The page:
HomeEntertainment‘Deadliest Catch’: Here’s How Crab Pots Work

‘Deadliest Catch’: Here’s How Crab Pots Work

by Amy Myers
(Photo by Jean-Erick PASQUIER/Gamma-Rapho via Getty Images)

Crabbing on the Bering Sea is not for the faint of heart. If the icy waters and bone-chilling winds don’t get you, the unforgiving machinery will. Deadliest Catch crew members have all witnessed the danger that comes with handling the humongous and heavy crab pots. Not to mention the cables that help pull these monstrous cages from the water which on the high seas can whip a deckhand right off the side of the ship.

In their years of experience, the Deadliest Catch stars have learned to be alert at all times while on deck. If they let their minds wander for even a second, they could lose a finger, an extremity or even their lives. Another vital part of their safety while on the Bering Sea is learning how each piece of equipment works. This includes, of course, the most important piece of gear – the crab pots.

Weighing in at 750 pounds, the pots that the Deadliest Catch crews use are made of inch-and-a-half steel bars. This calculation doesn’t even include the weight of the buoys and the hundreds of feet of rope attached to the pots, so the total may very well be closer to a half-ton.

Late and great Deadliest Catch star Phil Harris, the father of Josh Harris, once demonstrated exactly how these vital pieces of equipment work and broke down each component. Learn the workings of a crab pot in the clip below.

‘Deadliest Catch’ Star Demonstrates King Crab Configuration of Crab Pots

Back when Harris was the captain of the Cornelia Marie, he dominated the waters off the coast of Alaska. So, if there was anyone to teach the workings of a crab boat, it was him. In the Deadliest Catch star’s past video, he explained that the components and configuration of a crab pot vary depending on the season. The setup that he had was for king crabs.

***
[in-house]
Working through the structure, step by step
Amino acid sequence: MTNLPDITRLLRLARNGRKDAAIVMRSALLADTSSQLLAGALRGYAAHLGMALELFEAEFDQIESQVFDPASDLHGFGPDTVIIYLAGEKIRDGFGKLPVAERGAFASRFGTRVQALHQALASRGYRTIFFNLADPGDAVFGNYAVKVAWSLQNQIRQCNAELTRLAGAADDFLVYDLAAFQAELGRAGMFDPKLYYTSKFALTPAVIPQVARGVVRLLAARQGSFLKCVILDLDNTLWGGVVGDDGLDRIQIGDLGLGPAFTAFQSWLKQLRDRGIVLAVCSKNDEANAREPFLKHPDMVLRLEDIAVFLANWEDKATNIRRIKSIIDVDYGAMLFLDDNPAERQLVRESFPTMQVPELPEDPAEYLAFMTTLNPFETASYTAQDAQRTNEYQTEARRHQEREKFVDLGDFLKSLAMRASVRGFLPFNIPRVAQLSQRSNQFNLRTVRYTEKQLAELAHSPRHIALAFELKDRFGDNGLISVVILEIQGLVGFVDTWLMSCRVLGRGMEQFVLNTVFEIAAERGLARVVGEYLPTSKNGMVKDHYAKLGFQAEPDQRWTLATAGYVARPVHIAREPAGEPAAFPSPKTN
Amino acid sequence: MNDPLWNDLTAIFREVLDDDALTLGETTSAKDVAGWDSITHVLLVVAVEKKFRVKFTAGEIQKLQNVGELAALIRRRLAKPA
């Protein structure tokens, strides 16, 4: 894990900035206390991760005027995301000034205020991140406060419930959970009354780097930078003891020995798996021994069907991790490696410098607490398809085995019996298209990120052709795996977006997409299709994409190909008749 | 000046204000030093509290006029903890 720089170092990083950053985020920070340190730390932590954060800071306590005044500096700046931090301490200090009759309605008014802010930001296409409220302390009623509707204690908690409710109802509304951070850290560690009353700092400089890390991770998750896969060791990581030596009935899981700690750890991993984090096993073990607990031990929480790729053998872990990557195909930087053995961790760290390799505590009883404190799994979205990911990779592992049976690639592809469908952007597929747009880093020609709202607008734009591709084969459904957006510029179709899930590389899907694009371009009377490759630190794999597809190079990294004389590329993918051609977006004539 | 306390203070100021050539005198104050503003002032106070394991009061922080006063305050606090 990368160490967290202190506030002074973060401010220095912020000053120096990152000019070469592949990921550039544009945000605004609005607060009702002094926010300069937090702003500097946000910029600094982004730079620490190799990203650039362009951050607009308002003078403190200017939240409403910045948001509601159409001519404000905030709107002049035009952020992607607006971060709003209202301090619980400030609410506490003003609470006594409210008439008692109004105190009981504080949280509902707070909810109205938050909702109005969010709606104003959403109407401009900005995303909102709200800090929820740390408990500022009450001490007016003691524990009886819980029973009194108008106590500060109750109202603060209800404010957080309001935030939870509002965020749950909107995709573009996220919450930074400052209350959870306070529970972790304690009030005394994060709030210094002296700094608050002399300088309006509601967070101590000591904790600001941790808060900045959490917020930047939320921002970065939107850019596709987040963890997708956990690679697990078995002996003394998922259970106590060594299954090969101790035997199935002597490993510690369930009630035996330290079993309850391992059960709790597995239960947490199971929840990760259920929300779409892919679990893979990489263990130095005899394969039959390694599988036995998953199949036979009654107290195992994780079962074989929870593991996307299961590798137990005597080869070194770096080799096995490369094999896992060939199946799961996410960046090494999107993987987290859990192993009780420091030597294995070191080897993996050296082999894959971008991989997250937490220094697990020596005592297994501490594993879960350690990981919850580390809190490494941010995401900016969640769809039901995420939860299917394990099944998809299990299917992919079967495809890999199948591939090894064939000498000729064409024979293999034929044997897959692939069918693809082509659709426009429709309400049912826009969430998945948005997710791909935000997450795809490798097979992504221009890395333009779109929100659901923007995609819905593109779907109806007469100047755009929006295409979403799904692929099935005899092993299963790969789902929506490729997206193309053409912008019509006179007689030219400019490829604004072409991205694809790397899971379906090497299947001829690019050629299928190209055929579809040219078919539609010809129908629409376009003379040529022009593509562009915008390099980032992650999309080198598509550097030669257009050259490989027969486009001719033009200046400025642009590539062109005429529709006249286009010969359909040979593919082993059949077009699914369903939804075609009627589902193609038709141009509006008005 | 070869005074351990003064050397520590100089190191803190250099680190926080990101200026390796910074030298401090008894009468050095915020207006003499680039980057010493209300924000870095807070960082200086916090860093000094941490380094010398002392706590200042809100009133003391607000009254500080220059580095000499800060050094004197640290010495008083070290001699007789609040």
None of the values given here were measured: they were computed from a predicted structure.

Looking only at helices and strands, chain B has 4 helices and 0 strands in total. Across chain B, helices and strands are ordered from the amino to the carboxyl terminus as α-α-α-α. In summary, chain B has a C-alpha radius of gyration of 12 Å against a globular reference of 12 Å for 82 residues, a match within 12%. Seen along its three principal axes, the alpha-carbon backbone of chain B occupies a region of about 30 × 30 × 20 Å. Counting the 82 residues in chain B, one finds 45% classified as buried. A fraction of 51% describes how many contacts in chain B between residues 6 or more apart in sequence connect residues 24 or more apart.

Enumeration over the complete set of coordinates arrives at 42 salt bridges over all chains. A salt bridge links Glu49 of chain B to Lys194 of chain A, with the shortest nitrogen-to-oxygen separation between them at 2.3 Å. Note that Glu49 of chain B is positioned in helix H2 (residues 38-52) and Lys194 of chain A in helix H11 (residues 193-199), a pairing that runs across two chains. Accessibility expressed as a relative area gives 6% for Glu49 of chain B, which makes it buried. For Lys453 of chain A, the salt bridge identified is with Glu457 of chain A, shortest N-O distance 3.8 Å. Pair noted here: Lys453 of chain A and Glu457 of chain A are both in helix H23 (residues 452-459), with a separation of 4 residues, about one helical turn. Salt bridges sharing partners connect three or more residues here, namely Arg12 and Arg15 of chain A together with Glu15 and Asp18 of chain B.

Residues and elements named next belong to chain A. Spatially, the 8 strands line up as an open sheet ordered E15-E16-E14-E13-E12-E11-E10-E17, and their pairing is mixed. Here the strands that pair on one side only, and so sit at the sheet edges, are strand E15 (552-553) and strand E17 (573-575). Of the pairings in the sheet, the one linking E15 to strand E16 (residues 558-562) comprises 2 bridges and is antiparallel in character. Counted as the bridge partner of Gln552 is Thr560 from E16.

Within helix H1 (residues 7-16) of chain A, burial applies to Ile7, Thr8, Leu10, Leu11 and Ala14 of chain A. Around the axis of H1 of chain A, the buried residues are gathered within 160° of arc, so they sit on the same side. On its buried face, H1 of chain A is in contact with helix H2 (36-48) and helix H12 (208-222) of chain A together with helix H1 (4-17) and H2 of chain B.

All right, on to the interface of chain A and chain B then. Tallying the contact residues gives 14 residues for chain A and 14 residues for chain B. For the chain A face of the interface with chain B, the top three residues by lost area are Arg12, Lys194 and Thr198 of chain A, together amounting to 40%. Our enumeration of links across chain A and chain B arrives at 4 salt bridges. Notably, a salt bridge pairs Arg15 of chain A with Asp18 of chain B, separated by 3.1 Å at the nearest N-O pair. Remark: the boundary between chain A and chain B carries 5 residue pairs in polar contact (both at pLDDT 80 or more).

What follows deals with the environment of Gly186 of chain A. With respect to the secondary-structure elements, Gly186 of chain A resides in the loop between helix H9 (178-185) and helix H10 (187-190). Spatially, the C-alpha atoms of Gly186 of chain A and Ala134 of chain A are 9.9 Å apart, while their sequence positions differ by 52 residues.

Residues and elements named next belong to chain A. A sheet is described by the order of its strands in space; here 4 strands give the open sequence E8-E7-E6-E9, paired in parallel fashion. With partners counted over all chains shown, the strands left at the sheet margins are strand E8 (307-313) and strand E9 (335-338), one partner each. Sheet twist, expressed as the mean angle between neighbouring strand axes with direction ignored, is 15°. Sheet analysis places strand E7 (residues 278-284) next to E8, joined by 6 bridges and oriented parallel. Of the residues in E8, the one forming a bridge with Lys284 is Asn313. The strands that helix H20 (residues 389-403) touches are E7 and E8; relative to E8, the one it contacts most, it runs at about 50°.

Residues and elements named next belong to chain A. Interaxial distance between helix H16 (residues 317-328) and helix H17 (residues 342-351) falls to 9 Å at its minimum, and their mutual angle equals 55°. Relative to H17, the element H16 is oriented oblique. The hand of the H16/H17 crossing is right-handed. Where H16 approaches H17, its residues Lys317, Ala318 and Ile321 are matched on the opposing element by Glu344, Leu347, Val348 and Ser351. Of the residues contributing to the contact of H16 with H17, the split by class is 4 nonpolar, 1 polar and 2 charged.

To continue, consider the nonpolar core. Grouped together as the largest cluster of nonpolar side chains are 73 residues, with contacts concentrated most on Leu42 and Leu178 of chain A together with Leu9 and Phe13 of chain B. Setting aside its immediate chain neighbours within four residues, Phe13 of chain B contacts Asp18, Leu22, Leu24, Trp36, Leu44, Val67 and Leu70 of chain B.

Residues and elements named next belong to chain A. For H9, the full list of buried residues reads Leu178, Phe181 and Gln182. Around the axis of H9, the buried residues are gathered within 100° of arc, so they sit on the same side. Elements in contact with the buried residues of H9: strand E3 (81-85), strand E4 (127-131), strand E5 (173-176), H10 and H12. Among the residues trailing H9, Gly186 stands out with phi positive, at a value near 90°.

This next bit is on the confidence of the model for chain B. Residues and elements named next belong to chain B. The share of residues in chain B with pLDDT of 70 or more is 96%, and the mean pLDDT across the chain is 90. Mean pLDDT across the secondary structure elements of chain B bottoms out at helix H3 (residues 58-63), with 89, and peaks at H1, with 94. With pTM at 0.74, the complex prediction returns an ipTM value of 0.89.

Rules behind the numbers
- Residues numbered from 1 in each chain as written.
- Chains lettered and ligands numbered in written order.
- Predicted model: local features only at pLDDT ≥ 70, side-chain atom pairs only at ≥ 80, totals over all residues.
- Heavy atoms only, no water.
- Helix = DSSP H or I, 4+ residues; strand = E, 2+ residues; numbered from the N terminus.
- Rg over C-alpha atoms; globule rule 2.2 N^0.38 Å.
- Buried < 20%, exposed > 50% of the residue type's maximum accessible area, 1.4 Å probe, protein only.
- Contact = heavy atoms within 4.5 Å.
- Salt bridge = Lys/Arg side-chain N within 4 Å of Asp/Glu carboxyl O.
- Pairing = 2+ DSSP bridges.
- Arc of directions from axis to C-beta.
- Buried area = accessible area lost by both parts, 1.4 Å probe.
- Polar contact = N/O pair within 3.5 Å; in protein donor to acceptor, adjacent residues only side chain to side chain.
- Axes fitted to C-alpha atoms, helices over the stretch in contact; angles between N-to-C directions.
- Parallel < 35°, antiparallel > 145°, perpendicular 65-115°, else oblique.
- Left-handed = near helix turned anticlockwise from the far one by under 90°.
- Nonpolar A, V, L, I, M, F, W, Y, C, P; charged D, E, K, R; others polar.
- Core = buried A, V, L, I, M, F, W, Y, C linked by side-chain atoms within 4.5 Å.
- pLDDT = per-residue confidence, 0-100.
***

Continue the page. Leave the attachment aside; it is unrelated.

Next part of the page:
In between the strands of rope, there was a nine-inch by 36-inch opening, just big enough for a king crab to fit through. During the snow crab season, the crew is able to condense the opening with a hinged mechanism that would only allow the smaller crab species to squeeze through. Should the Deadliest Catch crew lose a crab pot in the water, there is a part of the mesh lining that deteriorates with time, allowing the crabs to escape.

Another vital part of the contraption is the buoy bag. Each buoy and crab pot a number that helps fishermen determine which crab pots belong to them. Crab pots must also have an official tag from the state’s fishing and wildlife department to prevent overfishing. Without it, a game warden can seize the equipment and leave the Deadliest Catch vessel with a hefty fine.